A Private Artifact of Public Madness: Possums Run Amok
I suppose that Possums Run Amok is a memoir. But it reads more like some combination of notebook, fable, and primal scream. It is the fastest book I have ever read. One can picture the author’s fingers blurrily tapping her keyboard, putting down her mostly generalized memories as quickly as she can type, never pausing long to occupy any one moment, scene, or sensation—author as sheepdog, chasing and nipping at a pack that outnumbers her absolutely.
Lafayette tears though 1970s pre-teen delinquency more outrageous and idiosyncratic than that of Sable Starr or Lori Maddox, to penniless following of non-penniless strangers in country after country, to multiple years of institutionalization. In Possums Run Amok, Lafayette dashes through each stage, her younger self insisting on the joyous particularity of the horror that populates each of her days.
The highs are so high that, as Lora’s friends leave and her physical and mental health deteriorate, their loss is like a punch in the sternum. However, the fierce breeziness is replaced by an equally forthright account of encroaching madness and confinement.
Possums Run Amok occupies an important position on an unsteady precipice between private and public. Its events and perceptions—plenty wild enough to warrant the veil of secrecy—carry the power of thoughts that impose themselves unbearably on a person’s private consciousness. Yet the real power of Possums Run Amok is not that it brings private events into public light, but that it allows the throb of one person’s privacy to reshape the privacy of anyone fortunate enough to read it.
–ROBERT FROMBERG, LA REVIEW OF BOOKS, April 2022
"With Possums Run Amok, Lora Lafayette has delivered a kinetic, irreverent memoir retold as fearlessly as it was lived. It stuns with its clarity and disarms with its honesty. It is also heartbreaking in its humanity. Wry, incisive, and deceptively witty, Lafayette’s odyssey whisks us into adventure, while challenging us to reexamine our own definitions of freedom, self, and agency. A brilliant, daring book you won’t be able to put down, nor soon forget."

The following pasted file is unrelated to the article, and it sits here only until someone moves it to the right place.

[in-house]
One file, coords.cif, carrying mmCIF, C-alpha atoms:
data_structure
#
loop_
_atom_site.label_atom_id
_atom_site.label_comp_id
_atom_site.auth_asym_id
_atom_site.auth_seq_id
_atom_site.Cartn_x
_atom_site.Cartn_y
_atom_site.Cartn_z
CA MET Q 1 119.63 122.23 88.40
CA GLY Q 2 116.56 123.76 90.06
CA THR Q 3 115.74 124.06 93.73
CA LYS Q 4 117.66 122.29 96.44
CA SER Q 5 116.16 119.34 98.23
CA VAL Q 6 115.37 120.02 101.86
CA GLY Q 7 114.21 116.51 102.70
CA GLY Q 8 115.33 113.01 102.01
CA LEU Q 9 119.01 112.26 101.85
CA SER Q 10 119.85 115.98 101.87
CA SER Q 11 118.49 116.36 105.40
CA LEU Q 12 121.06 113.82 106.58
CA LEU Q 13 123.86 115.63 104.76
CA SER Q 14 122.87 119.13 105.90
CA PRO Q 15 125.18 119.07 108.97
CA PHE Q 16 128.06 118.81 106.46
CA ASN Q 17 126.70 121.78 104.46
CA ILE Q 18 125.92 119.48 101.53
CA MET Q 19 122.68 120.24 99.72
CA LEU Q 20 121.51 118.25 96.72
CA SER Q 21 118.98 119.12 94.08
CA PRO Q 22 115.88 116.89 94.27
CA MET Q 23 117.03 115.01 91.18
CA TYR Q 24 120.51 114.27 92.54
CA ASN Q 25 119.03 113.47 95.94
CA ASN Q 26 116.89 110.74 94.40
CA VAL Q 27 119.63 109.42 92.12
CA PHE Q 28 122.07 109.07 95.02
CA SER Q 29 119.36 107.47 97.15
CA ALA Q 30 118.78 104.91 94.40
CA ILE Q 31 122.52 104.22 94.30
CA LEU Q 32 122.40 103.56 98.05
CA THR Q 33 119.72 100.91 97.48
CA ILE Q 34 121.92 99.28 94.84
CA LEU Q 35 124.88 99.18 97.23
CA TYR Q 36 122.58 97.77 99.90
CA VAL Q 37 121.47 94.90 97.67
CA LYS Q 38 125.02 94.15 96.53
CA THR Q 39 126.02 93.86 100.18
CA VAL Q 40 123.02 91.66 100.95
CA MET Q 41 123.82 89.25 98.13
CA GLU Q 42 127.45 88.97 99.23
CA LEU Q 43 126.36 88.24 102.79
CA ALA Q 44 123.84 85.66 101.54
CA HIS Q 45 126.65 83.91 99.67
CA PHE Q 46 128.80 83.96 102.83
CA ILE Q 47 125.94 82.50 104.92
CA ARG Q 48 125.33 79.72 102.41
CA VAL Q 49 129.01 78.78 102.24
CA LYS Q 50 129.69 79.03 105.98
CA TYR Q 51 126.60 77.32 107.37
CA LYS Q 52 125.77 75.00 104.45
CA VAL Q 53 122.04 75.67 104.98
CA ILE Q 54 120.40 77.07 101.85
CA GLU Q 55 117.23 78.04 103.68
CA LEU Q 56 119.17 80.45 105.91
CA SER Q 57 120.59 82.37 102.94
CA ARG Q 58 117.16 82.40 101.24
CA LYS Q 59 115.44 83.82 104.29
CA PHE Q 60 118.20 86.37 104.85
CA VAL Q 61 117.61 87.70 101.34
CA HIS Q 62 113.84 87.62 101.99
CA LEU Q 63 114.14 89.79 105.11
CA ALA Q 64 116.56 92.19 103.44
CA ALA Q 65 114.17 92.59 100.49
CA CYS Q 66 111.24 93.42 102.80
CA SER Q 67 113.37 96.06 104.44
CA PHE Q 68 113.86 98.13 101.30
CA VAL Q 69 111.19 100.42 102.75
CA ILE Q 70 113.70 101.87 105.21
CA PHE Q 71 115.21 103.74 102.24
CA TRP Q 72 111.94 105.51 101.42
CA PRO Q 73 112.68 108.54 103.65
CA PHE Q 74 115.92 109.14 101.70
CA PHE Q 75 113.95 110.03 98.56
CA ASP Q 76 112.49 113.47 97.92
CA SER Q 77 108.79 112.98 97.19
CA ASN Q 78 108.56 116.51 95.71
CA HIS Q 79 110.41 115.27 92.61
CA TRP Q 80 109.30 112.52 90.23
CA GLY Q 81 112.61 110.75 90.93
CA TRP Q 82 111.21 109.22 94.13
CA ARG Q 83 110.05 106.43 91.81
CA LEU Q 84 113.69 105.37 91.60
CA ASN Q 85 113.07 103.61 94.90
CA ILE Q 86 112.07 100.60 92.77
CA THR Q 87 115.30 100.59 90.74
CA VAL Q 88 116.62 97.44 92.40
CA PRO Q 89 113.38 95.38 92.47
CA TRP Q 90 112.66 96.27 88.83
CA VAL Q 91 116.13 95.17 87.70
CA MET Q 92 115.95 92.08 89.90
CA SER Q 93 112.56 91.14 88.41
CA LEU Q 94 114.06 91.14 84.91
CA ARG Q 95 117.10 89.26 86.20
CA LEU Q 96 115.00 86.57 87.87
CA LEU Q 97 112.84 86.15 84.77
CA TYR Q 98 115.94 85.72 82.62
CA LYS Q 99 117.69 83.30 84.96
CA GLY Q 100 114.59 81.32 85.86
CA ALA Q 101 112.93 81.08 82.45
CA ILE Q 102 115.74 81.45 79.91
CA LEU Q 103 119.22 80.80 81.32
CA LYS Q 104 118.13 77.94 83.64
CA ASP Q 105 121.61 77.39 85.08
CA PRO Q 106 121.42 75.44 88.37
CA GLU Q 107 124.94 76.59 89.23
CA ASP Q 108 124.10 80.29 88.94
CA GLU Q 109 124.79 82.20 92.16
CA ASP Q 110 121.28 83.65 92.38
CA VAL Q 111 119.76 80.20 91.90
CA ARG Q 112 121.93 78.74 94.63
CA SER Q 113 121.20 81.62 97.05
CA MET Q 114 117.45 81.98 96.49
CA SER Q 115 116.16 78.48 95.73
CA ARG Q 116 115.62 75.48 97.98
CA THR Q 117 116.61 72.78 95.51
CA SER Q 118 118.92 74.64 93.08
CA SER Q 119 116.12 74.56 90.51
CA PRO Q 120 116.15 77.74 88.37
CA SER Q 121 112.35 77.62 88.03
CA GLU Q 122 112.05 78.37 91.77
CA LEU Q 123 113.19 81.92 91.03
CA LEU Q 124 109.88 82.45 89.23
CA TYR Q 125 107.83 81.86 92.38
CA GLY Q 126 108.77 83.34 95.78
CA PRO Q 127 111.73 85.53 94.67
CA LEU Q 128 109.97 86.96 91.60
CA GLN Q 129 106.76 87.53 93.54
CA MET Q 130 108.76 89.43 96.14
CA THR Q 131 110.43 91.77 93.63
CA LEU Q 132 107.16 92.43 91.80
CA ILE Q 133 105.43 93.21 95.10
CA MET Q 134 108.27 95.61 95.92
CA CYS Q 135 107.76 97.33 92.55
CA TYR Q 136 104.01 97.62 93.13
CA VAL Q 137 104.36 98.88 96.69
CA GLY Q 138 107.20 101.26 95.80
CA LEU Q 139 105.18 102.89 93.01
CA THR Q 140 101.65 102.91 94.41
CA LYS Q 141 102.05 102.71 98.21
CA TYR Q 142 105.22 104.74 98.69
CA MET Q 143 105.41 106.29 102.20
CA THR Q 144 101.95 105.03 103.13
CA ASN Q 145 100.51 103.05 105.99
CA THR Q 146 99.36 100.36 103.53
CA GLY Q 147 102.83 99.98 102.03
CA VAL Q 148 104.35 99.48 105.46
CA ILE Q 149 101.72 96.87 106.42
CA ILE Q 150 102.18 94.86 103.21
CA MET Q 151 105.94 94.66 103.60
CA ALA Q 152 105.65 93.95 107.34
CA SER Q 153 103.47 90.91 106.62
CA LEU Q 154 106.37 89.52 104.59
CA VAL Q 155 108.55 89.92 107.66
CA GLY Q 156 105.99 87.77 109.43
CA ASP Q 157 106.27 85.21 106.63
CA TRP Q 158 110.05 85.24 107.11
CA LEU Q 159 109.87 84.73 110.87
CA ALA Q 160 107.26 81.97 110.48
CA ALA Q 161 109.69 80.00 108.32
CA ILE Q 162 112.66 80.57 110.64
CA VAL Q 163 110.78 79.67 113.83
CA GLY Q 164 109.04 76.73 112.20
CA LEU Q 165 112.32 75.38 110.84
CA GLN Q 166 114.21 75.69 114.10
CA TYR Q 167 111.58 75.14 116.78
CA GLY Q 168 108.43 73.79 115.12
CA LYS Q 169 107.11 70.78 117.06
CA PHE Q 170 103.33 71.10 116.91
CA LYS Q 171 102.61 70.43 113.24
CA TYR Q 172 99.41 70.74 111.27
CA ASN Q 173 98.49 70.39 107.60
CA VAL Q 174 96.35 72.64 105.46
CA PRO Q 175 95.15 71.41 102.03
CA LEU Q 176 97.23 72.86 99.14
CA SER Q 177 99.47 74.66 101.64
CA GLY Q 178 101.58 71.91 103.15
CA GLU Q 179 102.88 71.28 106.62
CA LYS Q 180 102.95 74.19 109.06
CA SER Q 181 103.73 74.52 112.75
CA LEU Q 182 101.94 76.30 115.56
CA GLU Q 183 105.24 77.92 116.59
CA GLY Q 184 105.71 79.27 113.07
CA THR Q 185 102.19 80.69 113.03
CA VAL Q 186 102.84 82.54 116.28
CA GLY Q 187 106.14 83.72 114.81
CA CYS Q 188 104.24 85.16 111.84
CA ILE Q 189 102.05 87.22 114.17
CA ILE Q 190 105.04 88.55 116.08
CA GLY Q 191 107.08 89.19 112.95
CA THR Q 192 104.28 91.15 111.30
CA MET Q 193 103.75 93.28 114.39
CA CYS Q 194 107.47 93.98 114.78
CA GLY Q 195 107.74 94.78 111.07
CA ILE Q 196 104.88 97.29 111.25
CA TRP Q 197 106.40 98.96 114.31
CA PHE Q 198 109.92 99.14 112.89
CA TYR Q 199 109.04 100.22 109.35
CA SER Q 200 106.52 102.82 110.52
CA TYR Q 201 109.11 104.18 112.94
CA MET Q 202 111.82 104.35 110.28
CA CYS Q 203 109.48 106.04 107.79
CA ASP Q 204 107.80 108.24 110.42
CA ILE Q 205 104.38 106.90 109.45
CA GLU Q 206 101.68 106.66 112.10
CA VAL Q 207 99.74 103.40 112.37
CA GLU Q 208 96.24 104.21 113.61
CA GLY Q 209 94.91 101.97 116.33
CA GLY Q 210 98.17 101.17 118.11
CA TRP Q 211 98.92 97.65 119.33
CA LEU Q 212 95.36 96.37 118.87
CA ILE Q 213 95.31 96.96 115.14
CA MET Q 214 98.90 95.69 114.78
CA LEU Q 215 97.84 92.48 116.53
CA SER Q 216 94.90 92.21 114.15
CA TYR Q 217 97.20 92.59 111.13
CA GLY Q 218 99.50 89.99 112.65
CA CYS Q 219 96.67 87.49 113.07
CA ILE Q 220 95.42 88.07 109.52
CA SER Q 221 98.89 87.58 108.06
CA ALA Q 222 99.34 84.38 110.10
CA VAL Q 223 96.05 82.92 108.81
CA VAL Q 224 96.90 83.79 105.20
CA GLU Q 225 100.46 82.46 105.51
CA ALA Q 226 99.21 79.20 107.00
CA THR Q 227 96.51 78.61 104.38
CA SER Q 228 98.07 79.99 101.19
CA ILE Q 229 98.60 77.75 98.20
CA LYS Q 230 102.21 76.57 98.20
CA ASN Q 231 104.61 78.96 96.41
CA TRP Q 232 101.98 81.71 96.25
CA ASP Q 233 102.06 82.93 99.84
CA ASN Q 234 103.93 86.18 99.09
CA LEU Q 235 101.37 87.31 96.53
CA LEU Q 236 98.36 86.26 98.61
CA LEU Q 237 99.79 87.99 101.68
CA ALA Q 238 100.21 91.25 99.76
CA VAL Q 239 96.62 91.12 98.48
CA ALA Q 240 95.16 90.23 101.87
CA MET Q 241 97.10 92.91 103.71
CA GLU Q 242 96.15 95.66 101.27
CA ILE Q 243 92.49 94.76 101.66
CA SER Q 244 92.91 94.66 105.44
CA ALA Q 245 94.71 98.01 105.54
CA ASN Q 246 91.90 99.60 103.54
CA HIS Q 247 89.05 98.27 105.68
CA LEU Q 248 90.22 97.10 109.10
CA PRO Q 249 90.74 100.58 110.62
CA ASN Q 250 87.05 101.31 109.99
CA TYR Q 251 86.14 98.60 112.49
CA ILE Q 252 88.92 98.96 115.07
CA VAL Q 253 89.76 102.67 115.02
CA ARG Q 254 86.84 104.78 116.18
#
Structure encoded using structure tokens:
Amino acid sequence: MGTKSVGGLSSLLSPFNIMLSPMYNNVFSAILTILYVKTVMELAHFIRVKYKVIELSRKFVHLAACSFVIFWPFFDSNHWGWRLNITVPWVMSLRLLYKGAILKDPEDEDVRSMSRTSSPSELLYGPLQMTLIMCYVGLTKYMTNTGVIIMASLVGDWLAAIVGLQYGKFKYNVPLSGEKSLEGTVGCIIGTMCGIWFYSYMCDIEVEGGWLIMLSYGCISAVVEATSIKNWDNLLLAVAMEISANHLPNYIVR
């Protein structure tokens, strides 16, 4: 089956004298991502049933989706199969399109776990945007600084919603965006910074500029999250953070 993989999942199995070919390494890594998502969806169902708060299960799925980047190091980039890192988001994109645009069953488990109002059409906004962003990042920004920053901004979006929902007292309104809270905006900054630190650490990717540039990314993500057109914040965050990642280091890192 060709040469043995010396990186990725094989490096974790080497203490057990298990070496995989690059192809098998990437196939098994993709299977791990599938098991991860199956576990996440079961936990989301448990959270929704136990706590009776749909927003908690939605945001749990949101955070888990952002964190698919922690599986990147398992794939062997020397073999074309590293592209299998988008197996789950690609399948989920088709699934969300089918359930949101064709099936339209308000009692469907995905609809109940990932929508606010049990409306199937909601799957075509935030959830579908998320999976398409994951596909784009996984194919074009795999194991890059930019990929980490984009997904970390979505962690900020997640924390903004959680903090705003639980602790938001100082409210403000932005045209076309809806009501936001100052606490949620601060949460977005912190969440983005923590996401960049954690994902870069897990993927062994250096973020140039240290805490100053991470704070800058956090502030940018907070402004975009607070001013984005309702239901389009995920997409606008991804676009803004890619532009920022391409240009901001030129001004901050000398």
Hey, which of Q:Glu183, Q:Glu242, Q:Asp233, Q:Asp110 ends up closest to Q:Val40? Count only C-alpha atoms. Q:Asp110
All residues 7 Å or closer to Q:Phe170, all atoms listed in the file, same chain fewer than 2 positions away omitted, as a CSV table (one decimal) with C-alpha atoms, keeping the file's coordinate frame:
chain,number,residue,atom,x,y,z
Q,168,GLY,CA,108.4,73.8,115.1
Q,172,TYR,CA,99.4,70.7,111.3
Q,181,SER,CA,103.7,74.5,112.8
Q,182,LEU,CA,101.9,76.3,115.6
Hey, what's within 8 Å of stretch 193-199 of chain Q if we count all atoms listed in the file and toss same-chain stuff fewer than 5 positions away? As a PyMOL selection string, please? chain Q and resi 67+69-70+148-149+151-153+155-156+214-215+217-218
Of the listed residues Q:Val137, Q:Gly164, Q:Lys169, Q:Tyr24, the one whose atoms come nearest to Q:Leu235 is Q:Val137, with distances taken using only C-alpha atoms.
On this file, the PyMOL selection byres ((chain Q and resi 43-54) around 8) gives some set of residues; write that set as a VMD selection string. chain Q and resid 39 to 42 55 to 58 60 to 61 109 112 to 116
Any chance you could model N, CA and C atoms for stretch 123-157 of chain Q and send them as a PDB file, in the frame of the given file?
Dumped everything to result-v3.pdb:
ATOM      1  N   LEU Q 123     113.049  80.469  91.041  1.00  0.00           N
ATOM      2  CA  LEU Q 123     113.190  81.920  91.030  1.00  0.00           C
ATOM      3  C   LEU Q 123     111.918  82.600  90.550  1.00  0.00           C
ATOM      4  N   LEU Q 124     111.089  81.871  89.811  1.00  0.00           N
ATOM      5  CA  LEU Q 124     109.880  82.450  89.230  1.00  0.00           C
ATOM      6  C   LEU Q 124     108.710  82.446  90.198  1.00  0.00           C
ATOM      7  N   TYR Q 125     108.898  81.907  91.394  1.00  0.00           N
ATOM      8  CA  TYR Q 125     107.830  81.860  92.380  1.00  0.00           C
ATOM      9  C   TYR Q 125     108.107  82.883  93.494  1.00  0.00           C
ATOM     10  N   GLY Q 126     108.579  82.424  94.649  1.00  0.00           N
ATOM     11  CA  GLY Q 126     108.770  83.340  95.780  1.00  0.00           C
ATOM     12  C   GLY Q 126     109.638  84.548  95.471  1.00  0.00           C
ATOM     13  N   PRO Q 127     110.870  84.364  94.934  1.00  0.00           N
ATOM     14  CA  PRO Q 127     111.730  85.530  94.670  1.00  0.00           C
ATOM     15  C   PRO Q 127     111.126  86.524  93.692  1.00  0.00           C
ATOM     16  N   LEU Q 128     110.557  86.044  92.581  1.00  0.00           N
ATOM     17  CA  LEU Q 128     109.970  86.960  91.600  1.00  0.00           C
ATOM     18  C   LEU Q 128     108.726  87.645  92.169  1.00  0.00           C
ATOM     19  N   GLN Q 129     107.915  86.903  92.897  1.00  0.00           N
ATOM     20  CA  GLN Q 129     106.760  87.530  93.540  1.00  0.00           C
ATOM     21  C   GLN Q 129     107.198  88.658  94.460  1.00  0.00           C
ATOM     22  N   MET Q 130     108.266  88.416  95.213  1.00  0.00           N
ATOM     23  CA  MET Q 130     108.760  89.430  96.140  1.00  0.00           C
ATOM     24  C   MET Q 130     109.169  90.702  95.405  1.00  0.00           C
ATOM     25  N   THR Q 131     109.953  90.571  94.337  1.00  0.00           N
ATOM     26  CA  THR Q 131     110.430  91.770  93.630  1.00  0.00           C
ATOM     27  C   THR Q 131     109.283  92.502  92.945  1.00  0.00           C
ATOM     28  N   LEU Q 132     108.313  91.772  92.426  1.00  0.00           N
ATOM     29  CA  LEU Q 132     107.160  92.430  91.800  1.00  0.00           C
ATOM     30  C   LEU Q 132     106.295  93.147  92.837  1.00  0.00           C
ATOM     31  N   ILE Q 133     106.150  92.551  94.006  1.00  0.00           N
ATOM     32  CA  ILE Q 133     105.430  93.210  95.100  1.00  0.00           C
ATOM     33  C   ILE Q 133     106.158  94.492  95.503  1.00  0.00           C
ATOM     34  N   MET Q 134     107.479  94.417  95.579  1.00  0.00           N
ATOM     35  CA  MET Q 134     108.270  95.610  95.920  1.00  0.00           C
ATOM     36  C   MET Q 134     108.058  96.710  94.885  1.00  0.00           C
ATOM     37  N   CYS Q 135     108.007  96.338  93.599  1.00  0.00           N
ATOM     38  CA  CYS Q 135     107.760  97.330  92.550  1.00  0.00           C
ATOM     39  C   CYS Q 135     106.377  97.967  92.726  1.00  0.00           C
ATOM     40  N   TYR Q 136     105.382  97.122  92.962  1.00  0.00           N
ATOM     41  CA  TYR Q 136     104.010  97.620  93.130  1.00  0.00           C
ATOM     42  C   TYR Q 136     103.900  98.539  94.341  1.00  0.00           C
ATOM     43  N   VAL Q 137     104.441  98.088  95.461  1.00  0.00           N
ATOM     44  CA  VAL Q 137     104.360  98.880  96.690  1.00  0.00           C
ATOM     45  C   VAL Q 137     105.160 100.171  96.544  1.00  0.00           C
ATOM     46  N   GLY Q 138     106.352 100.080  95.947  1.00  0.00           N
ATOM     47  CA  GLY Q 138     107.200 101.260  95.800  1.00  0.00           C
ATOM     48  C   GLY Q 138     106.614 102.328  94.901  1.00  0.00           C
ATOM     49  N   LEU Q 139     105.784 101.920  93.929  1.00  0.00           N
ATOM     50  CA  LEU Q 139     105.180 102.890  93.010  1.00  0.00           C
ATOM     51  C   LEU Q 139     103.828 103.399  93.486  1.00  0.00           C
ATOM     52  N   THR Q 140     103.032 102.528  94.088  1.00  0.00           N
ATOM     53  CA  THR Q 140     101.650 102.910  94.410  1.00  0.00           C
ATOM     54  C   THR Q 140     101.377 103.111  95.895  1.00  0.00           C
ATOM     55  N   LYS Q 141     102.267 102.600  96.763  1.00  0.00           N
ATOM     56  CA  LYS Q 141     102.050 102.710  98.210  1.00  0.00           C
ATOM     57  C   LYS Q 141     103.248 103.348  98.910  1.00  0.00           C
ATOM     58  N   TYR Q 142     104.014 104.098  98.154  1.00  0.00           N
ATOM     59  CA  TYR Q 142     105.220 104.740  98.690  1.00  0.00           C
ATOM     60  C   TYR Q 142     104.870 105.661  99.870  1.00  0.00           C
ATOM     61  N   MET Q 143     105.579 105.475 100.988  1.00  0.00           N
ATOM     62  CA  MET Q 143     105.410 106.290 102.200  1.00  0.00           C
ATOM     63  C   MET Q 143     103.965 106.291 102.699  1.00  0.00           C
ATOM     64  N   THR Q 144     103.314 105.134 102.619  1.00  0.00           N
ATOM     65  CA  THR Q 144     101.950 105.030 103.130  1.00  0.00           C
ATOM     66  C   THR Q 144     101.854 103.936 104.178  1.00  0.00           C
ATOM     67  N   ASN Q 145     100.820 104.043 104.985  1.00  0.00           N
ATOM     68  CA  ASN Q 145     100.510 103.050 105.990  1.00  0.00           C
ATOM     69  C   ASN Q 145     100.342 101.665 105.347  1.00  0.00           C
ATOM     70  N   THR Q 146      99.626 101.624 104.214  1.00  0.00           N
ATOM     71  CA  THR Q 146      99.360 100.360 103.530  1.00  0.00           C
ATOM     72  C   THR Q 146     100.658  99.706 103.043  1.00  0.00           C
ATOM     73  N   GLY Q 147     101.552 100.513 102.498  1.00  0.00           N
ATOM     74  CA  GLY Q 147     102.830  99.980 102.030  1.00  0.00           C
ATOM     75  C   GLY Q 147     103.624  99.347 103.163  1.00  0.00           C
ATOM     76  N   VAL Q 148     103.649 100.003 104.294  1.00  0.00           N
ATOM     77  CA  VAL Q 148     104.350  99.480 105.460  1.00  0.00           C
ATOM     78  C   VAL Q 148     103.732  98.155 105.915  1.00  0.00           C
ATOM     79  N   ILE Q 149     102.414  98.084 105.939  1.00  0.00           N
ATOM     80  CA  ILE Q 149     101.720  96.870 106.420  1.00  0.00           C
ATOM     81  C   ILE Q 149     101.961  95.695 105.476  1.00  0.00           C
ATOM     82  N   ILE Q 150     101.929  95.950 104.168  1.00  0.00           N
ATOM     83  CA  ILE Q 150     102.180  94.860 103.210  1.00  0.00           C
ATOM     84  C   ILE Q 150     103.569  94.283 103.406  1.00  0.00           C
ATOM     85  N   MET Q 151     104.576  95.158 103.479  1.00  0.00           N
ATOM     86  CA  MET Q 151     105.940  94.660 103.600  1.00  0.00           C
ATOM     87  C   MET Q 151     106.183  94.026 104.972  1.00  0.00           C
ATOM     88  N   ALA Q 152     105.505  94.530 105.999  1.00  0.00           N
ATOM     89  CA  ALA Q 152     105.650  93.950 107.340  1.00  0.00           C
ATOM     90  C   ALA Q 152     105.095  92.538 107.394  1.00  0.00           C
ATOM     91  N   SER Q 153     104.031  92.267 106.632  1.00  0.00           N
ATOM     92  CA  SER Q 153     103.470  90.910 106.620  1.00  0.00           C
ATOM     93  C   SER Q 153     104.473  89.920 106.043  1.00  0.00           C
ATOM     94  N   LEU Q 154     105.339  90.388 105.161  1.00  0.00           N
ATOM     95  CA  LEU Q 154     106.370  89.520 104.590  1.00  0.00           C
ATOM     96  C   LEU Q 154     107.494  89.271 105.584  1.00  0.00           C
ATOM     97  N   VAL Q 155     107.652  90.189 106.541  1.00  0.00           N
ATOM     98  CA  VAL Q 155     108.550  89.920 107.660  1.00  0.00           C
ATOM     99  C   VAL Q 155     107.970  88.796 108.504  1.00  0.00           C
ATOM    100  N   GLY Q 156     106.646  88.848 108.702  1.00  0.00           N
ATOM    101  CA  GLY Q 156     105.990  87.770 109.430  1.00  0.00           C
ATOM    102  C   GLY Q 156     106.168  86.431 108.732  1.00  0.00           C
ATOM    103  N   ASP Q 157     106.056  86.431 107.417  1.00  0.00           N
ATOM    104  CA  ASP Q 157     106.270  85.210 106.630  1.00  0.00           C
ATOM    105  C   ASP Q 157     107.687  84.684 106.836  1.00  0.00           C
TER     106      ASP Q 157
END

–Bobby Johnston, acclaimed film composer and author of The Saint I Ain't: Stories from Sycamore Street
"Lora Lafayette's Possums Run Amok is Huck Finn in a mosh pit, an indefatigably rapid tour from a wise and relentless narrator through more chaos and joy and madness and release in each paragraph than would seem possible for any book or any life. This important and necessary book is all you need to know about what happens when blinding energy beats repeatedly against the constraints of normalcy. Read this book."
–Robert Fromberg, author of How to Walk with Steve
"Possums Run Amok is hypnotic, pulsing forward with the intensity and blood of a racing heartbeat. Lora Lafayette's impressionistic and candid prose illuminates wild punk escapades, grim hitchhiking journeys, and devastating slips into mental illness. This memoir is a breathtaking and daringly original fever dream. I don't know another writer with such a remarkable ability to intertwine tragedy and ecstasy."
—Sarah Priscus, author of the forthcoming Groupies